Saturday, 22 February 2014

Paul den Hollander / René Magritte

René Magritte
The Domain of Arnheim (detail)
oil on canvas
73 x 100 cm

In the paintings of Magritte (1898-1967), we see the game with the subjective perception of reality, full of seriousness and humor. He achieved this by faithful images of objects, people, animals and plants.The unexpected in his work is the way in which these objects are combined with each other or put opposite each other.
His painting is like poetry that stimulates the beholder's presumption of secrets.
Magritte's line of thought was that "as long as we believe that we are dependent on atoms and molecules that constitute our matter, we can not recognize that it is our eternal being from which we regard the material, which changes according to the perspective of looking".
Excerpts Jacques Meuris, 'Rene Magritte', Taschen

Paul den Hollander (NL)
Luminous Garden #85
120 x 95 cm

Saturday, 15 February 2014

Carlos Caballero / Andrei Tarkovsky

Andrei Tarkovsky
from The Mirror

My work often has a relation with the Russian filmmaker Andrei Tarkovsky. ‘The Mirror' (1975) is one of the most important Tarkovsky films, where the autobiographical story and many scenes refer to Tarkovsky’s memory of his home.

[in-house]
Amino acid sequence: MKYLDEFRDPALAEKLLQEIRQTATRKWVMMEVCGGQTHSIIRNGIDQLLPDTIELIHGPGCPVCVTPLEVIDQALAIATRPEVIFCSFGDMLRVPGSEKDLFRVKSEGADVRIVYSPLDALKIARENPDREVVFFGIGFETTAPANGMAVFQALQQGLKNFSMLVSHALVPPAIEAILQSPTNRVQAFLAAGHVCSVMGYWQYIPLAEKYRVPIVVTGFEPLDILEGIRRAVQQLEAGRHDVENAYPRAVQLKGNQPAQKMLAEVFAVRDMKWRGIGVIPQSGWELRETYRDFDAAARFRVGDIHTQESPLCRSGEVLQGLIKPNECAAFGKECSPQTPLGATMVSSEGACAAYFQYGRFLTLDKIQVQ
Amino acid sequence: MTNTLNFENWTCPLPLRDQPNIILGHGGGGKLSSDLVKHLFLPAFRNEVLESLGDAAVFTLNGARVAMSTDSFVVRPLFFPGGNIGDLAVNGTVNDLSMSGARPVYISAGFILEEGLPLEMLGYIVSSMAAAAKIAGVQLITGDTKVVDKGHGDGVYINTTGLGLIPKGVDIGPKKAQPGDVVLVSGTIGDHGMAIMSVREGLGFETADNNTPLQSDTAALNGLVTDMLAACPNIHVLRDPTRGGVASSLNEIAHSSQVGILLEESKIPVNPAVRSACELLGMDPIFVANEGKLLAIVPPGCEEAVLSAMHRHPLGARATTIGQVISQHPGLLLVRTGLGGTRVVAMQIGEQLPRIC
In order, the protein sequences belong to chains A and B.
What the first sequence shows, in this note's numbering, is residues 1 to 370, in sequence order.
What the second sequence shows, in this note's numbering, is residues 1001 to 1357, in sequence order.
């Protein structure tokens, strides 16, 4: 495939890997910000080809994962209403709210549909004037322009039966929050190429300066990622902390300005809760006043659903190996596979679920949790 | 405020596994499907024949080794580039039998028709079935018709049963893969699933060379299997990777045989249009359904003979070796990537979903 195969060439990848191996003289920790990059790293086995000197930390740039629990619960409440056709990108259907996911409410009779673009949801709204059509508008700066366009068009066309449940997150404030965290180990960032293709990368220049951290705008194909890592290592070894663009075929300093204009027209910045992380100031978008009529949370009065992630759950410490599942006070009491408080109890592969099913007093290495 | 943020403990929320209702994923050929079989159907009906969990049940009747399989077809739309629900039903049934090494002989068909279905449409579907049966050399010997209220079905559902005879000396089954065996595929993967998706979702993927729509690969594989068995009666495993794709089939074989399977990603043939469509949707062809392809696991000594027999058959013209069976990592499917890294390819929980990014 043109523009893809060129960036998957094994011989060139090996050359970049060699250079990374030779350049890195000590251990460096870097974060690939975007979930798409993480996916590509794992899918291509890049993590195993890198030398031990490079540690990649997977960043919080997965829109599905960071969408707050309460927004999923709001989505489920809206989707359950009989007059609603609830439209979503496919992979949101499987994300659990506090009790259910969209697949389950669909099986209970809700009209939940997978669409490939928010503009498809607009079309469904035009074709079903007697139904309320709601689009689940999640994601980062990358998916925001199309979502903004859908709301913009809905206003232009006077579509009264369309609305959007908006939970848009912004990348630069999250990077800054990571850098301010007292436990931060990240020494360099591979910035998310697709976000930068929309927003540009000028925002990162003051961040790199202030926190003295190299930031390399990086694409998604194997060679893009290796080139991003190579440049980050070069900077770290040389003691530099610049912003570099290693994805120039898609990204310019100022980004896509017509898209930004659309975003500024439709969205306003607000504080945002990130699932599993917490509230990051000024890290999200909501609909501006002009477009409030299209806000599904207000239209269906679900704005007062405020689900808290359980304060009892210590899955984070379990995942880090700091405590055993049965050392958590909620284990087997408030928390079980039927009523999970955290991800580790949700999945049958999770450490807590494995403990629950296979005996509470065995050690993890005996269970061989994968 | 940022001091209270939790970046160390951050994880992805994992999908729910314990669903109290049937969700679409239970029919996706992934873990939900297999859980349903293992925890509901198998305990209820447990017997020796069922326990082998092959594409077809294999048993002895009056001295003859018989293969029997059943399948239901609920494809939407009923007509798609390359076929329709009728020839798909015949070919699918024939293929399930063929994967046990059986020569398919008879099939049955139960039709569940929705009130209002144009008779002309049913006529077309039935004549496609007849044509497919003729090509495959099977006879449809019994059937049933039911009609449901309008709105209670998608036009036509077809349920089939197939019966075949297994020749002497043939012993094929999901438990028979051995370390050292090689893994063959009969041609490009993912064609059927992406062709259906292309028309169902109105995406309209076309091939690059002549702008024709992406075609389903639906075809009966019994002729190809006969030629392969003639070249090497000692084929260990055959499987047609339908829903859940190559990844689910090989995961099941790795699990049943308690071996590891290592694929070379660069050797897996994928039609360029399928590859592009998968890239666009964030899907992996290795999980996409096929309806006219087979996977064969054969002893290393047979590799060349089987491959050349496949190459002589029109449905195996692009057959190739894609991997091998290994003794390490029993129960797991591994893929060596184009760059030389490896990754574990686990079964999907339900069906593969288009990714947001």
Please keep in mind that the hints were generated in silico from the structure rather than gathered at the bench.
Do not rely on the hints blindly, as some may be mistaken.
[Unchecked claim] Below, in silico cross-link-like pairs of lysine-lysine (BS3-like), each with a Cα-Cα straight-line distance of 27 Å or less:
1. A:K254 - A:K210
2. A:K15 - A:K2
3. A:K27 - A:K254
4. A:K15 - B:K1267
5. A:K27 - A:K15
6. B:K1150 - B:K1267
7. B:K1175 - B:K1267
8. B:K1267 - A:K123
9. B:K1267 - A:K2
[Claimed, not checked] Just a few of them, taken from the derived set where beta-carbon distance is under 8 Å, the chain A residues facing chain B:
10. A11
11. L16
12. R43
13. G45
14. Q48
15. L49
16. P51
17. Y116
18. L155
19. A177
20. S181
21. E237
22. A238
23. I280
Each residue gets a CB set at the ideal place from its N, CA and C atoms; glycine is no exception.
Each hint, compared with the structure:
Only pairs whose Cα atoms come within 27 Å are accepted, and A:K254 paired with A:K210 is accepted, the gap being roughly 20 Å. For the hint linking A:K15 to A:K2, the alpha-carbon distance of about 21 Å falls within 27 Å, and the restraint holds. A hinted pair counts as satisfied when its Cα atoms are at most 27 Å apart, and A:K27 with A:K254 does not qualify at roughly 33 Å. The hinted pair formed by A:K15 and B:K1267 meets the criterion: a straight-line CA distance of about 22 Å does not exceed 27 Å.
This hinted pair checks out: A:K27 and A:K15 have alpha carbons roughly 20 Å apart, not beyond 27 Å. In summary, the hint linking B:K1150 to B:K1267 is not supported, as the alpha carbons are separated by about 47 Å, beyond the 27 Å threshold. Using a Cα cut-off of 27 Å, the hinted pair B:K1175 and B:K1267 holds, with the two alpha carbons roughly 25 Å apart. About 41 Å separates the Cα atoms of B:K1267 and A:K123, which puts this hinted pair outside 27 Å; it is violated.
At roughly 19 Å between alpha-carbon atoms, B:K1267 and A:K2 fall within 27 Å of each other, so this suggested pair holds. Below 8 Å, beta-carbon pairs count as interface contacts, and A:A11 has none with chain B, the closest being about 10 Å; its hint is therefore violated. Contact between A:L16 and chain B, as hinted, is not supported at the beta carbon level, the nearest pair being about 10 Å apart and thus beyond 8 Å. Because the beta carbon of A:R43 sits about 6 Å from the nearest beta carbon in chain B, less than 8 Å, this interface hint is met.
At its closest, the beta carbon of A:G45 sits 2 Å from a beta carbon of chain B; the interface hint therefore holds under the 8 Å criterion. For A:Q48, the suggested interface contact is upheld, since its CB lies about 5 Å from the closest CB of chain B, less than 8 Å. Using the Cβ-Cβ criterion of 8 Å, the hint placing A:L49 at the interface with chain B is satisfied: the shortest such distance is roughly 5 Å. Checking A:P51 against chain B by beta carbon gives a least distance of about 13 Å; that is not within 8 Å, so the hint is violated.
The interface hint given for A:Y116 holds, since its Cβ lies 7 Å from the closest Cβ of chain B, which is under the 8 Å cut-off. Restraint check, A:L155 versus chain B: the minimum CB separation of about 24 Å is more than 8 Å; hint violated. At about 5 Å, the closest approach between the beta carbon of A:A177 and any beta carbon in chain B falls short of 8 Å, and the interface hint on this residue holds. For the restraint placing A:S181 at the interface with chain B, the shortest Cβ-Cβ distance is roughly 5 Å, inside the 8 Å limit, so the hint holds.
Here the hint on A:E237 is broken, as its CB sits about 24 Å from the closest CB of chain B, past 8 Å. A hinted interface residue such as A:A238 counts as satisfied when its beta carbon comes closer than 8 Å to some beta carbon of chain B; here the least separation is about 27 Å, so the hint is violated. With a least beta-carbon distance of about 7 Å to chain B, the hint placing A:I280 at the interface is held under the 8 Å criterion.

‘August afternoon' (2013) is a piece where the idea of memories and manipulated or ironic past articulates the idea of this piece. The context refers to ‘home’ as symbolic space and mental structure.
Carlos Caballero, 2013

Carlos Caballero (CU/US)
August afternoon 
from the series Autobiographical memory
oil on canvas 
132 x 157,5 cm
courtesy Roberto Polo Gallery, Brussels

Saturday, 8 February 2014

Linda Arts / Agnes Martin

Agnes Martin 
Night Sea 
oil and gold leaf on canvas
183 x 183 cm

While living in New York between 1957 and 1967, Agnes Martin (1912-2004) began to experiment with symmetrical compositions comprising circles and squares under the influence of artists such as Ad Reinhardt and Ellsworth Kelly. Her grid paintings, which some critics linked to the machine-edged Minimalist movement, are actually examples of Abstract Expressionism, dense with gestural markings and unmistakable traces of the artist’s hand. In their purity and meditative quality, the canvases suggest a spiritualism that reflects Martin’s interest in nature (particularly the desert landscapes of New Mexico) and Eastern religions, notably Daoism. The paintings created after her return to Taos in 1967 became increasingly ethereal, the grids sometimes so faint that they seemed to be fading into a shimmering mist.

Linda Arts (NL) 
Untitled #213 
oil on woodpanel
60 x 90 cm